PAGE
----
Philadelphia Restaurant Review: The Old-School Excellence of Fork

Can an infusion of Manhattan talent bring life to Ellen Yin’s 15-year-old Philly food institution?

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Do you ever get the feeling that the only reason anybody opens a restaurant nowadays is to work it for a year, or maybe six months, or perhaps just a solid 20 minutes—and then turn around and open another? I do. In the past year, there was only a single month in which I didn’t review at least one place backed by a two-time, four-time or 28-time restaurateur. Starr, Vetri, Solomonov: The race to sign new leases keeps quickening. Philadelphia is no place to request a seat at the owner’s table, because it’s probably equipped with an ejection seat.


Then there’s Ellen Yin, who’s been at the helm of Fork for 15 years. Technically, she’s a two-timer—but her next-door gourmet market, Fork: Etc., is just an asterisk. To dine at Fork is to watch Yin greet customers, replace silverware between courses, hunt for dropped earrings and bus tables. In the era of the absentee owner, she embodies the old-school notion that nothing breeds excellence like undivided attention.

That was just what Fork needed after Terence Feury ended his terrific three-and-a-half-year run as head chef last summer. Yin reworked the decor, poached Eli Kulp from Manhattan’s beloved Torrisi Italian Specialties to take over the kitchen, and didn’t miss a single day of service during the six-month transition.

And it’s paid off. Kulp can cook, no doubt. Barely a week into his tenure, he put out a split-personality guinea hen that would go down as the best entrée I’d eaten in a year. The thighs were done up as fried nuggets with hot sauce; the breasts had a mysterious depth—and crackling skin—born of dry aging, complemented by a nose-tingling mustard oil, crème fraîche, and sweet pear and apple marbles that riveted me to the last bite.

Kulp does even better by duck. He hangs the carcasses in cold air for a week, spends another week Peking-ifying them—ballooning the skins with an air compressor, dipping them in a boiling vinegar solution, powdering them with baking soda, glazing them with maltose—and then veers sharply away from China, cooking the breasts medium rare rather than to death.

An Italian sensibility carried the rest of that whole-animal meal: confit thighs with broccoli rabe, a bitter Treviso salad with grilled hearts and duck prosciutto, and a pair of giant meatballs from leg meat bound with pork fat and pecorino—deep-fried, sous-vided, and finished with a sweet agrodolce sauce.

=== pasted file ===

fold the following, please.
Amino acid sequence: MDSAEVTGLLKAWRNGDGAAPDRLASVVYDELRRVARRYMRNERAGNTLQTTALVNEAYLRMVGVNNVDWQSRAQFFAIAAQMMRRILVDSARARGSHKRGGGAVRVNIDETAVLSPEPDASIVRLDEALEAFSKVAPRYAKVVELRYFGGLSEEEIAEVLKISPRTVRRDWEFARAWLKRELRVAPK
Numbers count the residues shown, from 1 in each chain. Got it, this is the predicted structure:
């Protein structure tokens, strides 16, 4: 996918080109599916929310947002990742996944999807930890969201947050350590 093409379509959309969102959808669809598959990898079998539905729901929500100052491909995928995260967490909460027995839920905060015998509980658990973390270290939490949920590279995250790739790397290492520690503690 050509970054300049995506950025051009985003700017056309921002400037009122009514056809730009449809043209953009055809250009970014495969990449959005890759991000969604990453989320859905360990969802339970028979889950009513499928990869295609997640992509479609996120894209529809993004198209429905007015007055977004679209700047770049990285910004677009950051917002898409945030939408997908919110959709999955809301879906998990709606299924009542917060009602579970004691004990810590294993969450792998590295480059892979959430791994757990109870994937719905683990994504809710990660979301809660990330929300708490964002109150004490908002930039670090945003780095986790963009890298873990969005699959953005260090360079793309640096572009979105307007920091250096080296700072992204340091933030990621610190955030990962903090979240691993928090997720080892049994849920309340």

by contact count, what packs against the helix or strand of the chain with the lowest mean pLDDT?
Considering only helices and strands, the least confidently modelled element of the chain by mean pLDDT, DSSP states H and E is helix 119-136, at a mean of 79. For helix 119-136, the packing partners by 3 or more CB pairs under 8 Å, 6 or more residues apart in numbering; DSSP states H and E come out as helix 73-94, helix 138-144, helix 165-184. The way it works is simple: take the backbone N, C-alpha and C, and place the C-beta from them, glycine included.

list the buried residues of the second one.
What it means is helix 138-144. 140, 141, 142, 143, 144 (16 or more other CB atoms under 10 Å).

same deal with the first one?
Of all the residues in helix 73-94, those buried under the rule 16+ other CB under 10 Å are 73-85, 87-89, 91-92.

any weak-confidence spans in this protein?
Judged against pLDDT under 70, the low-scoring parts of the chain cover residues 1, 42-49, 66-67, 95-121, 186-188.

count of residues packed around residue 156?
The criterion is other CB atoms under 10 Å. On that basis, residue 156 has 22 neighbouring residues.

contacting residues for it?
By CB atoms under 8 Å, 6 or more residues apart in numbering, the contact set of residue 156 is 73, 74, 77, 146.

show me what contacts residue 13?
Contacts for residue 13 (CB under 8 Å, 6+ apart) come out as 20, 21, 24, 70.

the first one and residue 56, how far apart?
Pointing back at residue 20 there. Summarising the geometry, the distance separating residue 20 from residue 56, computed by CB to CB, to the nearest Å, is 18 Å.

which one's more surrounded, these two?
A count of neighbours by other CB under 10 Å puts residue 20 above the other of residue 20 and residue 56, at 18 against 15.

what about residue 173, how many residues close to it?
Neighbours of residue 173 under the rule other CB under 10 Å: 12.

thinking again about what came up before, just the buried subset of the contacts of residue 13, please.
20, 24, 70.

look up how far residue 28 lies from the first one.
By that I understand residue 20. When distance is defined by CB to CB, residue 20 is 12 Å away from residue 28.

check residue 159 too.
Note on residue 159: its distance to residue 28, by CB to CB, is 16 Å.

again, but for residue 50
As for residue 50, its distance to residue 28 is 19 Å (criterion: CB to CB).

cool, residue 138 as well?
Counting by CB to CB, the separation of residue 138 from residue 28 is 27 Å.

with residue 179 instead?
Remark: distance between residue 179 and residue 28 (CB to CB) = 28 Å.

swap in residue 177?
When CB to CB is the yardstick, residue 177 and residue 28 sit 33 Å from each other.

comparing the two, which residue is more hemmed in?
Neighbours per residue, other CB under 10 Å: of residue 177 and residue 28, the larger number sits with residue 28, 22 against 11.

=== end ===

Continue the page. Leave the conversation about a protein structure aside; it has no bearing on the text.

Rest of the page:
Other than the spike of almond paste distorting a celery-root puree (which, I should say, my companion loved alongside those crispy-skinned breasts), it was a whale of an $88 dinner for two. And it was also a fine encapsulation of Kulp’s style, which favors allusion over authenticity. He approaches Mediterranean dishes with an almost Southeast Asian emphasis on the interplay of sweet, salty, sour, spicy and bitter flavors—even if the only dish that read even halfway “Asian” was a bread-crusted branzino filet touched with a tame curried tamarind sauce.

Take his “burnt grains” pappardelle, inspired by (of all things) the stubble of burned fields. Kulp pulverizes charred wheatberries to make a semi-sour pasta that has the bitter hum of baking chocolate. It’s dressed with boar ragu, black olives, and flecks of preserved lemon whose contrasting brightness just underscores what a brooding dish this is.

Most of his fare is sprightlier—more brightly bountiful than broodingly agrarian. Surf clams came as a crudo built on pickled apples. Crème fraîche and sliced Jonagolds pushed a sweetly dressed kale salad halfway toward decadence.

Kulp plucks pici, a hand-rolled spaghetti, out of its landlocked Siena birthplace and splashes it down into the Tyrrhenian Sea—fusing squid-ink dough with the eggless wheat pasta and tossing the two-tone noodles with octopus, squid, and clams in a squid-braise liquor that hops with garlic. His rabbit-strewn pistachio agnolotti are as delicate and sweet as dessert. And though it seems odd to call out breadcrumbs, the tiny ones speckling both those pastas were uncommonly delicious. So was a charred eggplant cake, whose chocolate-smothered smokiness was the standout of an otherwise uneven dessert menu.

Dinner is pricey, but the service justifies the cost. When I failed to gush over my server’s favorite wine one evening, she took a sip, agreed that while not spoiled it was a bit skewed, and uncorked a fresh bottle as excellent as her taste-memory. When I ordered “the one wine we just ran out of” another night, a diffe­rent server consoled me with a free glass of grenache, then steered me toward a pleasant bottle $20 cheaper than my first choice.

As it turned out, this was Anthony DeMelas, who has waited tables for Yin (with a hiatus) since day one, and whose abstract forest murals have transformed a tired interior into a great place to simply stare at the wall.

Somehow, Fork seems like the only place in town where the owner’s commitment is that contagious, or bears such varied fruit. And there’s never been a better time to taste it.

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